Kurt Saindon is just as familiar with humor as he is with sleeping outside. From his sales point along Tom McCall Waterfront Park, he peppers passersby with an assortment of jokes. His goofy antics are part of his pitch to sell Street Roots newspaper, because, he says, he prefers his customers to be at leisure as he enthusiastically engages with them about the content of the paper and the joys of being a human. Spend time around Kurt and you will immediately become aware of the good-natured charisma that he brings to every conversation.
Kurt’s experience with homelessness began after being released from the military. He was prescribed an array of medications for his PTSD.
“The only difference between the addicts on the street and me was I had a prescription. I was a legitimate walking dope addict.” Kurt then went on a spiritual journey to rid himself of the numbness prescription opiates often bring. He started working for the street newspaper in Colorado and then was employed by the Colorado State Hospital as peer support, transitioning patients as they left the facility. He left Colorado’s cold weather to seek a similar peer support position at the Oregon State Hospital. He needs to volunteer there for 30 days and in the meantime is working with Street Roots to sustain his living. “This paper truly helps people transition; I’ve already seen it in the short time that I’ve been here”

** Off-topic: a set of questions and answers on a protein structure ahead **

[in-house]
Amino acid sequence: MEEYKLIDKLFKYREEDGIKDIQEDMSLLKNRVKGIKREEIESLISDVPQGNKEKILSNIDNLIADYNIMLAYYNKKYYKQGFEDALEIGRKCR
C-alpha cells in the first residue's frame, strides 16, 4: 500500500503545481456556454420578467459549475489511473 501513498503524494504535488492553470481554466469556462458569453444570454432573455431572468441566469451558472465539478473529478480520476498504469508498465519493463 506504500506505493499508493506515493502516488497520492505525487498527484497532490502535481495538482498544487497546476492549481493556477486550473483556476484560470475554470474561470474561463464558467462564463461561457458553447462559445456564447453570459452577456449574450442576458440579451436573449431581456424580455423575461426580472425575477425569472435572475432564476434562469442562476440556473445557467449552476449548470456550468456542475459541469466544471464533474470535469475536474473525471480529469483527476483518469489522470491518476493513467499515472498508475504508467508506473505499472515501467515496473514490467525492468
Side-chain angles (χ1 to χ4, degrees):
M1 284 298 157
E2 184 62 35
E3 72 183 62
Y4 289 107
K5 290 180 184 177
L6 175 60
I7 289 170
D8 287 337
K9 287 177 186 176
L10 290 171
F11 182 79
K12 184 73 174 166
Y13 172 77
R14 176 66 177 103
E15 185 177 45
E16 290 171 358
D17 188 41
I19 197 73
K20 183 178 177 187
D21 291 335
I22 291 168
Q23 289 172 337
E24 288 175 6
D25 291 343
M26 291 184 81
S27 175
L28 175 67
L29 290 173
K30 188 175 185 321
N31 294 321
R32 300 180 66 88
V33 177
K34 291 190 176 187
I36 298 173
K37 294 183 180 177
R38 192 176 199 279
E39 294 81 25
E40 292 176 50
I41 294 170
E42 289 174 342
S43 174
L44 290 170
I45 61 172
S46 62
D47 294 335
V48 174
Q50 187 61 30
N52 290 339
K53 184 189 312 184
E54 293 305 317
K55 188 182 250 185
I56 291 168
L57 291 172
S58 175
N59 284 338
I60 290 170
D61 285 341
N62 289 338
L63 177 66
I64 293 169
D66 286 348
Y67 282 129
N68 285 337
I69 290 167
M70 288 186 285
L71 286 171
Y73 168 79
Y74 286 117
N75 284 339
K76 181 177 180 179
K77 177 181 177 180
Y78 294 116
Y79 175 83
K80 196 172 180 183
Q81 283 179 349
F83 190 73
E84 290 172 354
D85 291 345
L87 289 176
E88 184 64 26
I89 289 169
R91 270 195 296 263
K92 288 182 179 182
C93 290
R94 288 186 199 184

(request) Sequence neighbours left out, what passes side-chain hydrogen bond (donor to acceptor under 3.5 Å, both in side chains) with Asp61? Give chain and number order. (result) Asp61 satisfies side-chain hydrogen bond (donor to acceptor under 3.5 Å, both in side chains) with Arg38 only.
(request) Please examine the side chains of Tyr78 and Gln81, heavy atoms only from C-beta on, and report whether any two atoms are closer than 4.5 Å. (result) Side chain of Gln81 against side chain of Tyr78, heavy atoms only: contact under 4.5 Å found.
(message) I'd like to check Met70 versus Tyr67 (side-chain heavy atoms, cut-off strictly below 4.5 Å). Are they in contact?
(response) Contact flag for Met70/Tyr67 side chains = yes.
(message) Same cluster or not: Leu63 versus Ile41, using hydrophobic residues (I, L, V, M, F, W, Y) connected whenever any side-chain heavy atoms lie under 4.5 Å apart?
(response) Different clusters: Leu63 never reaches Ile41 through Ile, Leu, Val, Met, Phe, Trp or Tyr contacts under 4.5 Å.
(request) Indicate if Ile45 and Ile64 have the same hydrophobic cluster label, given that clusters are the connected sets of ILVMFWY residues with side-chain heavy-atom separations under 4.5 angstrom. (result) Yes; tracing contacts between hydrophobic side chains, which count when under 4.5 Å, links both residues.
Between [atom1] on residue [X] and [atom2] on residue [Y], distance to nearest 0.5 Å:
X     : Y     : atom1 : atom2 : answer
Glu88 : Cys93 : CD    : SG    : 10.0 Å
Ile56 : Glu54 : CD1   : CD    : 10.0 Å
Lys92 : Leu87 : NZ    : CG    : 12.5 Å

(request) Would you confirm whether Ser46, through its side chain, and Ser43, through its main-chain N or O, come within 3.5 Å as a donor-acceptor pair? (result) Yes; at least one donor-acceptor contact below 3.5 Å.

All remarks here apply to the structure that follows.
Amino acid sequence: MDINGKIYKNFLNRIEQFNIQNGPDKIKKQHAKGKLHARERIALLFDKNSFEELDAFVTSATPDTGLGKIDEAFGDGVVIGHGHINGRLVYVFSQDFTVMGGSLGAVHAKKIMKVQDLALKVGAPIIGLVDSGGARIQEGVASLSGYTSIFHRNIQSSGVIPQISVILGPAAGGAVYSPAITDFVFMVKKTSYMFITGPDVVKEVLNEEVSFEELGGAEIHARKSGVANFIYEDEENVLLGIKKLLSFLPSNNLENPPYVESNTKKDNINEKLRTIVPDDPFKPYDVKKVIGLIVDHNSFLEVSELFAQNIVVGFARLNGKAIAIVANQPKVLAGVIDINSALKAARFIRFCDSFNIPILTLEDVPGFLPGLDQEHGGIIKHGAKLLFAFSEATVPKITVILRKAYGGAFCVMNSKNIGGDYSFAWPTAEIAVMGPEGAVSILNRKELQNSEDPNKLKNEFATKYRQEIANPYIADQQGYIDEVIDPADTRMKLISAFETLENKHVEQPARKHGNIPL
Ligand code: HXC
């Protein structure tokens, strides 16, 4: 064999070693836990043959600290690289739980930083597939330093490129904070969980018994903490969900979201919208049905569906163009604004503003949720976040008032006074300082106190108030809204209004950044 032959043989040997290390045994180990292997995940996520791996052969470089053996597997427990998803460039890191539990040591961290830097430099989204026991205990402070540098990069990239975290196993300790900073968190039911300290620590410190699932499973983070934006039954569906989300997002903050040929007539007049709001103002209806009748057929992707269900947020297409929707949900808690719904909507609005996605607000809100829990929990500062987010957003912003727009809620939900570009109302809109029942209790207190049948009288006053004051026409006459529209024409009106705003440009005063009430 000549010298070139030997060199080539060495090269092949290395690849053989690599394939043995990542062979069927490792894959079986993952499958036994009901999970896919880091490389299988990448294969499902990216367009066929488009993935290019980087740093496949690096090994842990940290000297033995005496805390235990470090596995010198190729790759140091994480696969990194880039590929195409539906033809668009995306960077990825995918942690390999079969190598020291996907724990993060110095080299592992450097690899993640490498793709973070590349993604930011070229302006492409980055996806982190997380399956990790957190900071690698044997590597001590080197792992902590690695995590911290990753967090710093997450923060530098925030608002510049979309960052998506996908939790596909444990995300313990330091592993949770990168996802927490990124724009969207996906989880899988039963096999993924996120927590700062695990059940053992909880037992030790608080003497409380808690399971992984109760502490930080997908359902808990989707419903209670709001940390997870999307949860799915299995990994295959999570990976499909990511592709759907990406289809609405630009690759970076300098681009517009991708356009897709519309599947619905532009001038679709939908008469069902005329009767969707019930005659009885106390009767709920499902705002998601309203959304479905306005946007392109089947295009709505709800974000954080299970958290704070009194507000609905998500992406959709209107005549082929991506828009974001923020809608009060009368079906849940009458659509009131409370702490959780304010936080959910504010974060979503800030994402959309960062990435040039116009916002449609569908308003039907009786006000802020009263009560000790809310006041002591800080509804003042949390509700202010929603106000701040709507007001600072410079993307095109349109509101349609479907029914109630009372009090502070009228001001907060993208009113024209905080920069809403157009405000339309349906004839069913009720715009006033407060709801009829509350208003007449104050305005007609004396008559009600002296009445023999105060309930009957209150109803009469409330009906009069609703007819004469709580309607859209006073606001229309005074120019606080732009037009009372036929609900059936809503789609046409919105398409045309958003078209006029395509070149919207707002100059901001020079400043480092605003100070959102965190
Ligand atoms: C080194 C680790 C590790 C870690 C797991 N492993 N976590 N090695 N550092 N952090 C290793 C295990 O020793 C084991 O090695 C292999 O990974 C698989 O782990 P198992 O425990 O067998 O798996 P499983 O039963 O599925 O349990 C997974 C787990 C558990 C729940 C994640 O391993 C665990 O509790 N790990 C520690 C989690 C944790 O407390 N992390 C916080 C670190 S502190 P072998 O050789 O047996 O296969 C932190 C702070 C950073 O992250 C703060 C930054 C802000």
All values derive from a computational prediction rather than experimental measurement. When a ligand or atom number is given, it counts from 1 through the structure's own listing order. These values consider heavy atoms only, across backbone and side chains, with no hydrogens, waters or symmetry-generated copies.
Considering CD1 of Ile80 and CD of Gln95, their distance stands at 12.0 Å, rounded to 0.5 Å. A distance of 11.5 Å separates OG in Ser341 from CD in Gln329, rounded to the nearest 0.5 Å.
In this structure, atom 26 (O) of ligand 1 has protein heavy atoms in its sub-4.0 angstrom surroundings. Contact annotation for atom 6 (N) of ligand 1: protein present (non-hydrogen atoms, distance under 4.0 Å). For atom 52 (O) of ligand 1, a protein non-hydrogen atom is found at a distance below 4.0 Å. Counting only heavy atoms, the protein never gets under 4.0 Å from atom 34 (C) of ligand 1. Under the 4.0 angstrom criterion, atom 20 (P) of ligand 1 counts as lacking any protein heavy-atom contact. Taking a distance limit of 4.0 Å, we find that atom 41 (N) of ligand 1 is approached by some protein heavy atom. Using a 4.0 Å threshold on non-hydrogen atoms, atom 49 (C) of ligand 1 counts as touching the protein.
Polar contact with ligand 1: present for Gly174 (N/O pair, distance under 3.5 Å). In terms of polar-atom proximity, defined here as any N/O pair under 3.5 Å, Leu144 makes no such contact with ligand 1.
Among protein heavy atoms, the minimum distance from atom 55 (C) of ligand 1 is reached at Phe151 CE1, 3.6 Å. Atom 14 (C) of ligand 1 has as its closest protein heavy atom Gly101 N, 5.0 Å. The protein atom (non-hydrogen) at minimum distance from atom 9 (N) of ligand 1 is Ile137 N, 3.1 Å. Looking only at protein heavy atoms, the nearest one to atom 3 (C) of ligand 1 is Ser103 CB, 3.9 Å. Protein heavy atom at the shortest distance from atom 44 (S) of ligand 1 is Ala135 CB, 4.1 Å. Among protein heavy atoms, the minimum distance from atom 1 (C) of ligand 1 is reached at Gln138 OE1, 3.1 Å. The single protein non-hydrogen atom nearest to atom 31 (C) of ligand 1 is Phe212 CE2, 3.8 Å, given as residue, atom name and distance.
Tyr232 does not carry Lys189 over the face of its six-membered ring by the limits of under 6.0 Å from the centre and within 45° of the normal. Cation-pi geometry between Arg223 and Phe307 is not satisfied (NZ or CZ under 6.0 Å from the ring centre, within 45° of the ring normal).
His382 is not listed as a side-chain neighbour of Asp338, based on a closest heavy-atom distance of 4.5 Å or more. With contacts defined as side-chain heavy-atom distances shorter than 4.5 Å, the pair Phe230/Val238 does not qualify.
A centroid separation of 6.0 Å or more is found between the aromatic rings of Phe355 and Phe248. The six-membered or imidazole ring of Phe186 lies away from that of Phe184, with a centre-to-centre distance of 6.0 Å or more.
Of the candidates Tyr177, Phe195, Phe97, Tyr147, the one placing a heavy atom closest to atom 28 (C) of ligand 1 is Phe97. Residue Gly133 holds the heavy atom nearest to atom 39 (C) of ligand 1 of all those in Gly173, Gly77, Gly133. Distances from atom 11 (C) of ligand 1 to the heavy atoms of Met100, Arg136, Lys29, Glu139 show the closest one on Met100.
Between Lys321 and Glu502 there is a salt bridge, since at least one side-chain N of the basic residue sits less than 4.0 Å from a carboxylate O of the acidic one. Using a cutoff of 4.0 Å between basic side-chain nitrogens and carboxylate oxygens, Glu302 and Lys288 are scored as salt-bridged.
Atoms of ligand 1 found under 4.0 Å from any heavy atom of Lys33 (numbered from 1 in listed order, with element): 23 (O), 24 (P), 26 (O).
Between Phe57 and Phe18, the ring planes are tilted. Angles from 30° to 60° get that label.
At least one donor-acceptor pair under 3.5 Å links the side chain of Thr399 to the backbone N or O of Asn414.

Kurt says humor “takes some of the sting away” from the stigma of not having a home. “I just want to say thank you for all of the random acts of kindness along the way.” If you ever spend a few moments with Kurt, you are sure to be a recipient of some of this kindness.
“This community fooled me, I’m so used to the government and churches being the ones to take care of those struggling with homelessness, Portland is not like that. This community takes care of this community.”